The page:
Researchers have that found that 3D printers spew tiny particles into the air as they operate, though the quantity and nature of these potentially toxic aerosols are poorly understood. A new study identifies a startling variety of these emissions, and the conditions under which they’re produced.
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Security experts have identified thousands of instances in which owners of 3D printers have made their devices available online and without the need for authentication. That certainly makes remote access to 3D printers convenient, but wow, what an awful idea given the tremendous potential for abuse.
Video: They have been used by large companies for rapidly creating prototypes for at least a few decades, but finding a reason to put a 3D printer in every home hasn't been as successful. Making accessories for your vacuum? Boring. Building soft drink bottle bridges? Meh. Super-sizing LEGO? Hello holy grail of 3D printing.
Video: Thanks to Jonathan Odom, a clever designer and builder who's created everything from animatronics for films to museum exhibits, the fidget spinner has just taken a giant leap forward. Odom created One Spinner To Rule Them All: One with an animated cat video that comes to life when you flick it.
3D printers may have failed as a home appliance, but researchers at the Hasso-Plattner-Institut aren't ready to give up on them just yet. Last year they successfully 3D-printed a working door handle without any moving parts, and this year they're following it up with a 3D-printed, PIN-protected door lock.
Anyone remember Markforged's Metal One carbon fibre 3D printer? Turns out the company was onto something -- it's just come out with a new model, the Metal X, which uses Atomic Diffusion Additive Manufacturing (ADAM) to pump out metal components.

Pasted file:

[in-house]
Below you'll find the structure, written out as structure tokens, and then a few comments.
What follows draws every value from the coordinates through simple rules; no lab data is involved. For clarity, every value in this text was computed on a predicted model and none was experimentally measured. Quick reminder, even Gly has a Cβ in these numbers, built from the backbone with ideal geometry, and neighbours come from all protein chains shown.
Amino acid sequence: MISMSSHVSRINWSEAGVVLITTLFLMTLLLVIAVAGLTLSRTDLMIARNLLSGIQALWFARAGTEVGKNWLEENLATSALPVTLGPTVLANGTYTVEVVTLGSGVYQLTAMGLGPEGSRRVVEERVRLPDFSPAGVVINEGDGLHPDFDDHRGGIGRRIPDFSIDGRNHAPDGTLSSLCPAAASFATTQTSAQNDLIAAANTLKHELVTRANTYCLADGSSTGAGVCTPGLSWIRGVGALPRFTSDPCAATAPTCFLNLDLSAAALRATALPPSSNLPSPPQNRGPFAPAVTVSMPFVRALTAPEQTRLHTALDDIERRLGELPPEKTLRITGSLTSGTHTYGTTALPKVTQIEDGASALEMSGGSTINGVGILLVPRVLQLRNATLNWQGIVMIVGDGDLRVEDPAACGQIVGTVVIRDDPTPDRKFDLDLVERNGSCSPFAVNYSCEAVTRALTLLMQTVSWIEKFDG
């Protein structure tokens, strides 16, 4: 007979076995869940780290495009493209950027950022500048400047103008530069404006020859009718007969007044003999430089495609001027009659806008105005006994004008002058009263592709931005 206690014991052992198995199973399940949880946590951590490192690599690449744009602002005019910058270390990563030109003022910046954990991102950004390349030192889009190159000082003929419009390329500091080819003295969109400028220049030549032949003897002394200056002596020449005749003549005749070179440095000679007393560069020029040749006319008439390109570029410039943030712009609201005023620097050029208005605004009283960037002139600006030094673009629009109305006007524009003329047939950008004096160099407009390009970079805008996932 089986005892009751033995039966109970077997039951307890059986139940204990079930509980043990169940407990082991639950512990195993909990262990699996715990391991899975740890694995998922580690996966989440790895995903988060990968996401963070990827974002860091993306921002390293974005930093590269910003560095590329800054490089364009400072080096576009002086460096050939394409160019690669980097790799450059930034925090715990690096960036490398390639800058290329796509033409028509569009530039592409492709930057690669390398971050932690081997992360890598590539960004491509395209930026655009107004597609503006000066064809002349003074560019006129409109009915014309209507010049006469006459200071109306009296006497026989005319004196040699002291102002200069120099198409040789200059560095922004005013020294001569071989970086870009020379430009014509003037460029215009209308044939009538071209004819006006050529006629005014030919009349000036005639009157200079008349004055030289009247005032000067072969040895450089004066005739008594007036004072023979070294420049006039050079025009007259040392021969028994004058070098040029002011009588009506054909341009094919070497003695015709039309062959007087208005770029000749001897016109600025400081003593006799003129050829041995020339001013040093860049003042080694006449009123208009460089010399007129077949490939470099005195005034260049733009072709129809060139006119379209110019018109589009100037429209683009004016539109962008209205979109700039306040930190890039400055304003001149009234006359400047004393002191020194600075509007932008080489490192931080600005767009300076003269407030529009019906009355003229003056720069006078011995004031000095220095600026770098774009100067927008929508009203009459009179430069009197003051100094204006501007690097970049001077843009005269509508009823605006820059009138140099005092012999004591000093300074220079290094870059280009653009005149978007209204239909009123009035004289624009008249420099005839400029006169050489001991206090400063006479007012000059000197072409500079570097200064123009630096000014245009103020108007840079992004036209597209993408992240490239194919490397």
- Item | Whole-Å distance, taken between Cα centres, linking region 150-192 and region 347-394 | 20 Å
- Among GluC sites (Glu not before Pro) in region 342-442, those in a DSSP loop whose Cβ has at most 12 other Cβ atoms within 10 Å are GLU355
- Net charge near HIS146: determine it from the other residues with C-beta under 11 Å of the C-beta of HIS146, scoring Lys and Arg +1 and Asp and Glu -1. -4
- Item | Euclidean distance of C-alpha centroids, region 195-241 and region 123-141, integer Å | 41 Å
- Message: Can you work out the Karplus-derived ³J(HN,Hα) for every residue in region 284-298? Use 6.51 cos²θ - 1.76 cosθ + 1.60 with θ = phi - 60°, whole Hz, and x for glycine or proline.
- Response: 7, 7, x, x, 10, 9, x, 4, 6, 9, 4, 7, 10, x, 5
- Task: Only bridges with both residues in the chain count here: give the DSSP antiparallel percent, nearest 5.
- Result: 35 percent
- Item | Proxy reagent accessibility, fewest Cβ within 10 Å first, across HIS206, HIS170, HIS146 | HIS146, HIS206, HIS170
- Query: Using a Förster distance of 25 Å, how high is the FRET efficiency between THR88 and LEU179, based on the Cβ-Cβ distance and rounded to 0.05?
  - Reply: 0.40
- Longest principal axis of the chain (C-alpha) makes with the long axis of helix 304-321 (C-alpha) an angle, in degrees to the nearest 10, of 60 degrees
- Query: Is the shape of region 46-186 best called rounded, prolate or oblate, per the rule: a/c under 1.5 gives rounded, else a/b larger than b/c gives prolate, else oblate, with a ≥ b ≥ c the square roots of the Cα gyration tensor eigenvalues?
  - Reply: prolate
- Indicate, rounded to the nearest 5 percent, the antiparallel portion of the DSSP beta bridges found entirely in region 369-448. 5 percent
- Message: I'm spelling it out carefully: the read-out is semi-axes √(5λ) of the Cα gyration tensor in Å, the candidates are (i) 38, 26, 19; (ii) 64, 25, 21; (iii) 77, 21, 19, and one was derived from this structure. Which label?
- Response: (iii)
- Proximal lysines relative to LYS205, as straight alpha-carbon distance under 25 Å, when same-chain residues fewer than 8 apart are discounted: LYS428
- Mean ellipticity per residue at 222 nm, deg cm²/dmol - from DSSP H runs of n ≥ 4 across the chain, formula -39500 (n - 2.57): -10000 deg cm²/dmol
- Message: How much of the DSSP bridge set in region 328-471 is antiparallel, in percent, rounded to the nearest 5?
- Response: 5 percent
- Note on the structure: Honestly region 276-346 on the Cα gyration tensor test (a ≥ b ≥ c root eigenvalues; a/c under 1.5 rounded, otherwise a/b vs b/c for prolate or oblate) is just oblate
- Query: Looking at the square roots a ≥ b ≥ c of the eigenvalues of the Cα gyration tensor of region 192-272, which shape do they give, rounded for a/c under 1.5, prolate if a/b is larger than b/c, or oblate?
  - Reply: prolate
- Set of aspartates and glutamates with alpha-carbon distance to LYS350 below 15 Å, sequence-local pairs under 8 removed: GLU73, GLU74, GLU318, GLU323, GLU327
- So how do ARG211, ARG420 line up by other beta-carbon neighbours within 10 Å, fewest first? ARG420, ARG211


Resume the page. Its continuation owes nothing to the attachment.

If you're feeling a little bit sniffly and you don't want to go into the office -- don't worry, we've all been there -- the time-honoured tradition is to put on your best sick-person voice and make a gurgly phone call to your boss. If that all sounds a little bit too low-tech for your 21st century job, how about 3D printing an entire human doppelganger?
In a raid this morning on a Mongols outlaw motorcycle gang member house in the west of Melbourne, police have seized 3D printers and other equipment allegedly used to manufacture firearms. Along with drugs and ammunition, the police raid on the group has found consumer-grade desktop 3D printers, which have the potential to be used to produce single-use firearms or to manufacture components to convert semi-automatic weapons to fully automatic.
With 3D printers moving further into the mainstream, companies are pushing to make their printers easier to use and more accessible for first-time buyers. LulzBot's latest offering has added a whole bunch of new features into the TAZ 6 which make it easier to use -- such as a self-levelling bed, self cleaning and support for even more types of filament material.
3D printers are moving into the mainstream, cropping up in schools, offices and homes. Power tool giant Dremel is getting in on the action with the Dremel 3D Idea Builder, a 3D printer intended to corner the home consumer market and provide the perfect printer for those looking to get their toes wet. Available in Australia at Bunning's Warehouse it's one of the most accessible printers for the Australian consumer -- so how does it stack up to other printers on the market?
The trade-off of an affordable 3D printer is that they're usually small and can only produce small objects. To make something big, you have to break it down into smaller parts first. But Autodesk has come up with a better approach: a 3D printer with multiple heads that all work together to churn out massive creations.